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EBONICS

EBONICS. [From ebony and -ics as in phonics]. An alternative name for AFRICAN-AMERICAN VERNACULAR ENGLISH, used by Robert L. Williams in his book Ebonics: The True Language of Black Folks (Institute of Black Studies, St Louis, Mo., 1975). It became internationally prominent for some months after 18 December 1996, when the board of Oakland Unified School District, California, formally resolved that Ebonics was the first language of most black American children in their area and English the second language, ‘making [Oakland] the first district in the nation to give the dialect official status in programs targeting bilingual students’ ( Mary Curtius, ‘California Educators Give Black English a Voice’, Los Angeles Times, 20 December 1996). Reports of the resolution generated great media attention and public debate in the US, much of it hostile, as a result of which the board in mid-January 1997 issued a restatement from which the assertion that Black English was a distinct language was removed. The outraged response arose largely from a belief among many Americans of all backgrounds that the board wanted to focus on black rather than standard usage while at the same time seeking additional government funds by presenting English as the children's second language and not their mother tongue (in the same way that funds are provided to help many Hispanic children). It was assumed that the board would misuse tax dollars while also depriving the children of a solid grounding in the standard language, a primary tool for their social advancement. The board, however, wished to emphasize that under-achieving black children need linguistic help to bridge the gap between vernacular and standard; one way of doing this is to highlight the differences between the two in the classroom, respecting both and constructively comparing them when teaching the standard.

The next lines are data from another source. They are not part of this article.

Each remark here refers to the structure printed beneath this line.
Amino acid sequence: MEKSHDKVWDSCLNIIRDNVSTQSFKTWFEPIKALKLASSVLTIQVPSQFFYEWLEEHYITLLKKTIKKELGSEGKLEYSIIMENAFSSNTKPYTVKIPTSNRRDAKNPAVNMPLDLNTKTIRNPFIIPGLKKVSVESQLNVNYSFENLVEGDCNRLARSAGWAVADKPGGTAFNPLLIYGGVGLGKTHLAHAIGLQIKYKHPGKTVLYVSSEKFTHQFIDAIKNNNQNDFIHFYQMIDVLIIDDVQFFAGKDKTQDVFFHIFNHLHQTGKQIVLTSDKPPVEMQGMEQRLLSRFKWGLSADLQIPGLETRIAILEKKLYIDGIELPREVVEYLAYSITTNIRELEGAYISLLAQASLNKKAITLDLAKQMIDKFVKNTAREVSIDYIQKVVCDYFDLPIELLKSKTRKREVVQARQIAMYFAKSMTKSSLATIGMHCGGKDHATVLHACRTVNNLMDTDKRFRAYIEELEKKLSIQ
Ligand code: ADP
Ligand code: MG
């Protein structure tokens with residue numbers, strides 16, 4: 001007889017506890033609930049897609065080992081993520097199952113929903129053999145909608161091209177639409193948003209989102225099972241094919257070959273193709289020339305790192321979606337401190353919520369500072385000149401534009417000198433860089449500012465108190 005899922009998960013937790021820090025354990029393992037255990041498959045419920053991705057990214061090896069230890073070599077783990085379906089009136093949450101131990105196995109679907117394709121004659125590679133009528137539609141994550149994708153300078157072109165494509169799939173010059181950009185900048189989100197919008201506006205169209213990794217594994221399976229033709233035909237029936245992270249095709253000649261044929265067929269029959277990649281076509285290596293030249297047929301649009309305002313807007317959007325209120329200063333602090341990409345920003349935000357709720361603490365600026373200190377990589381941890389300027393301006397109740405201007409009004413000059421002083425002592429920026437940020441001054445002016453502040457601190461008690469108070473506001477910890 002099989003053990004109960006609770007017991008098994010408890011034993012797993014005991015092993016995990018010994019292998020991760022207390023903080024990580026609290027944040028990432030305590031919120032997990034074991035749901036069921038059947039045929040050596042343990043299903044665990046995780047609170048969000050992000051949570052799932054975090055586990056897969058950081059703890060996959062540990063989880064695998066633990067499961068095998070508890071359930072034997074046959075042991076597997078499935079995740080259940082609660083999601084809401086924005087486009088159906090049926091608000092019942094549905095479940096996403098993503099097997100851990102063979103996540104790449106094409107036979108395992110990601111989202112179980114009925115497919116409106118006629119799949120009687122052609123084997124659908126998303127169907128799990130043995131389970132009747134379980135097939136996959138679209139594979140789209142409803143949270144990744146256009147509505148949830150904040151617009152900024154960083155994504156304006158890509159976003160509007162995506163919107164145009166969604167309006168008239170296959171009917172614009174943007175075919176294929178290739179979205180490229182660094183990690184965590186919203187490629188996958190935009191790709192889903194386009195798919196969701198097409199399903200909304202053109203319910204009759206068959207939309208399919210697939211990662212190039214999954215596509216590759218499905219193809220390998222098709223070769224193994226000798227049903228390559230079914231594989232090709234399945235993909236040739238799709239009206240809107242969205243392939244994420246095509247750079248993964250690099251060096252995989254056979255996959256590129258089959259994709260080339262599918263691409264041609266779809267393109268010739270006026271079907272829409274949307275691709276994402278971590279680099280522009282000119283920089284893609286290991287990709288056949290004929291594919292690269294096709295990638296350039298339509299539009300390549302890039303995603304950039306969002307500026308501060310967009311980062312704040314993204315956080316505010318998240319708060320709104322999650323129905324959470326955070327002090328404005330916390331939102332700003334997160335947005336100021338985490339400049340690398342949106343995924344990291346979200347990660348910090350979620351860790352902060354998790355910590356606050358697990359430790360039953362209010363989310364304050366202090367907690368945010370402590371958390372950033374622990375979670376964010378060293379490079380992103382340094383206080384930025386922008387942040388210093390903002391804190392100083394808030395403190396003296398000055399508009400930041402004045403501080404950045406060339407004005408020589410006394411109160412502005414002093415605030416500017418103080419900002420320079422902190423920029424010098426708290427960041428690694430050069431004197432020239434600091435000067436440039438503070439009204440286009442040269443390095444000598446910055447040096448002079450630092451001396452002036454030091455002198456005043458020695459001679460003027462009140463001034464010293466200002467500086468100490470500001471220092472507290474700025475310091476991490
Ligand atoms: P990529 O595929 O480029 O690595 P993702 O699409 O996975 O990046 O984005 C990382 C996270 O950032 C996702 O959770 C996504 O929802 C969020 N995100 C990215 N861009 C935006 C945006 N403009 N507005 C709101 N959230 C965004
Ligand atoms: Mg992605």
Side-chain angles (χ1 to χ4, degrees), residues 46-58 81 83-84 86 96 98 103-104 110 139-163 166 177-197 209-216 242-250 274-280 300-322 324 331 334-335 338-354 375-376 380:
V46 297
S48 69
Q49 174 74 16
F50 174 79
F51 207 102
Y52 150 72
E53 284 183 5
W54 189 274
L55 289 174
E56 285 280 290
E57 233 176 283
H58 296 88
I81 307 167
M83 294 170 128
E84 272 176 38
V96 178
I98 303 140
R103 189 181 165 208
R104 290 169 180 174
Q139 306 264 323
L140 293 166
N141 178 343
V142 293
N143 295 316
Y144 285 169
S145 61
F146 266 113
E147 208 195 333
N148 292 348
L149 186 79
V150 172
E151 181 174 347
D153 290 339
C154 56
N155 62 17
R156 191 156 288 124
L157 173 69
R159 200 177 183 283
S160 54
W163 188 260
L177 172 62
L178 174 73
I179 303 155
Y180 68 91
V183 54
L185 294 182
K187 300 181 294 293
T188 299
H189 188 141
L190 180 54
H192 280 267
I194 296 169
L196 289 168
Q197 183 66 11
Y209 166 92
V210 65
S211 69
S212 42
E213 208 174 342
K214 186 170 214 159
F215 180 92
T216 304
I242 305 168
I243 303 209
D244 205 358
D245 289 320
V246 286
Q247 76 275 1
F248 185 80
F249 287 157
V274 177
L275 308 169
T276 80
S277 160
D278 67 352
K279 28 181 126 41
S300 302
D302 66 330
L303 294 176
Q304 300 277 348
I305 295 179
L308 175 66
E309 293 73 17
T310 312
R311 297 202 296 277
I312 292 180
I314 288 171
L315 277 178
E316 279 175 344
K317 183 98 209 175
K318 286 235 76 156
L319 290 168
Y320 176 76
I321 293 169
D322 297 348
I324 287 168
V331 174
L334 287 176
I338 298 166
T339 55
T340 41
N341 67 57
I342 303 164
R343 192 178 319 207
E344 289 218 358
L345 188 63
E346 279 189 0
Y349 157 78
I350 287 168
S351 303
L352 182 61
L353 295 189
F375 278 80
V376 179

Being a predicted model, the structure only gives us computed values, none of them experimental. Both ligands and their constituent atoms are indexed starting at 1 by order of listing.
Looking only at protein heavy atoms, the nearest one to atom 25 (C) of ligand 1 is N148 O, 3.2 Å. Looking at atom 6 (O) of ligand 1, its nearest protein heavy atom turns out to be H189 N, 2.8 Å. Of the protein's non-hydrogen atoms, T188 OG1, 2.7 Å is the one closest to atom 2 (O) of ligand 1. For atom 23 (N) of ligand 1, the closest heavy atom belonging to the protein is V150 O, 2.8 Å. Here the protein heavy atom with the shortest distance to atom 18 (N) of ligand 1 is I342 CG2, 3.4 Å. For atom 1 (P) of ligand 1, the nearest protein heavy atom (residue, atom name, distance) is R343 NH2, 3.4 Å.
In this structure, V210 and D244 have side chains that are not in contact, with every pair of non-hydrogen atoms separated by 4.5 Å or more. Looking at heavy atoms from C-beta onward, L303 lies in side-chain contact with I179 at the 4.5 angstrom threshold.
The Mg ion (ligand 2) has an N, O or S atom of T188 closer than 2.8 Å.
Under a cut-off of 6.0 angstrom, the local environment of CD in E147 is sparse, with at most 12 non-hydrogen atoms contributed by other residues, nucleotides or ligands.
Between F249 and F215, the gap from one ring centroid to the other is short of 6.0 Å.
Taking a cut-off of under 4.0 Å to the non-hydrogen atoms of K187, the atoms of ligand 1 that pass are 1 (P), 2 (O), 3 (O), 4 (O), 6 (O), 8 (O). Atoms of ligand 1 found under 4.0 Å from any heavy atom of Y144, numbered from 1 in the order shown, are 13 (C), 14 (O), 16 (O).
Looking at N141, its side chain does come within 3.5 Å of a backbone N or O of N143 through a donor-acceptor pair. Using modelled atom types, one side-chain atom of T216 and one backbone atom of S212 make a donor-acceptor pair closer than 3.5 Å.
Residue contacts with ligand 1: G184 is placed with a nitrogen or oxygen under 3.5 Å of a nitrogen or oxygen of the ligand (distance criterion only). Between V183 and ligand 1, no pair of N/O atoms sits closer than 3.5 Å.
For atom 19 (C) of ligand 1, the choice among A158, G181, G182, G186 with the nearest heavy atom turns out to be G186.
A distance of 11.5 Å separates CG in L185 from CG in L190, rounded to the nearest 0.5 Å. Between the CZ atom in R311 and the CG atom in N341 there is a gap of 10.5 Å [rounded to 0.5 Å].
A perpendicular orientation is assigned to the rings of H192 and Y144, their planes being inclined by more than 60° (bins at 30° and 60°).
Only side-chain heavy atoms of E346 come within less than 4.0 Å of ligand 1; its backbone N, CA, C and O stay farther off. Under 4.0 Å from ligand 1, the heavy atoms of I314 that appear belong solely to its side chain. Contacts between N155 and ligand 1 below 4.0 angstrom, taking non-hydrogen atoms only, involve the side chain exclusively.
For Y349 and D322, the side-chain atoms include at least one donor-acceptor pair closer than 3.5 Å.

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Ebonics

E·bon·ics / ēˈbäniks/ • pl. n. [treated as sing.] American black English regarded as a language in its own right rather than as a dialect of standard English.

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Ebonics

Ebonics American black English regarded as a language in its own right rather than as a dialect of standard English; the name is a blend of ebony and phonics.

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Ebonics

Ebonicsadmix, affix, commix, fix, Hicks, intermix, MI6, mix, nix, Nyx, pix, Pnyx, prix fixe, pyx, Ricks, six, Styx, transfix, Wicks •Aquarobics • radix • appendix •crucifix • suffix • Alex • calyx •Felix, helix •kylix • Horlicks • prolix • spondulicks •hydromechanics • phoenix •Ebonics, onyx •mechatronics • sardonyx •Paralympics • semi-tropics •subtropics • Hendrix •dominatrix, matrix •administratrix • oryx • tortrix •executrix • Beatrix • cicatrix •Essex, Wessex •kinesics • coccyx • Sussex •informatics, mathematics •Dianetics • geopolitics • bioethics •cervix • astrophysics • yikes

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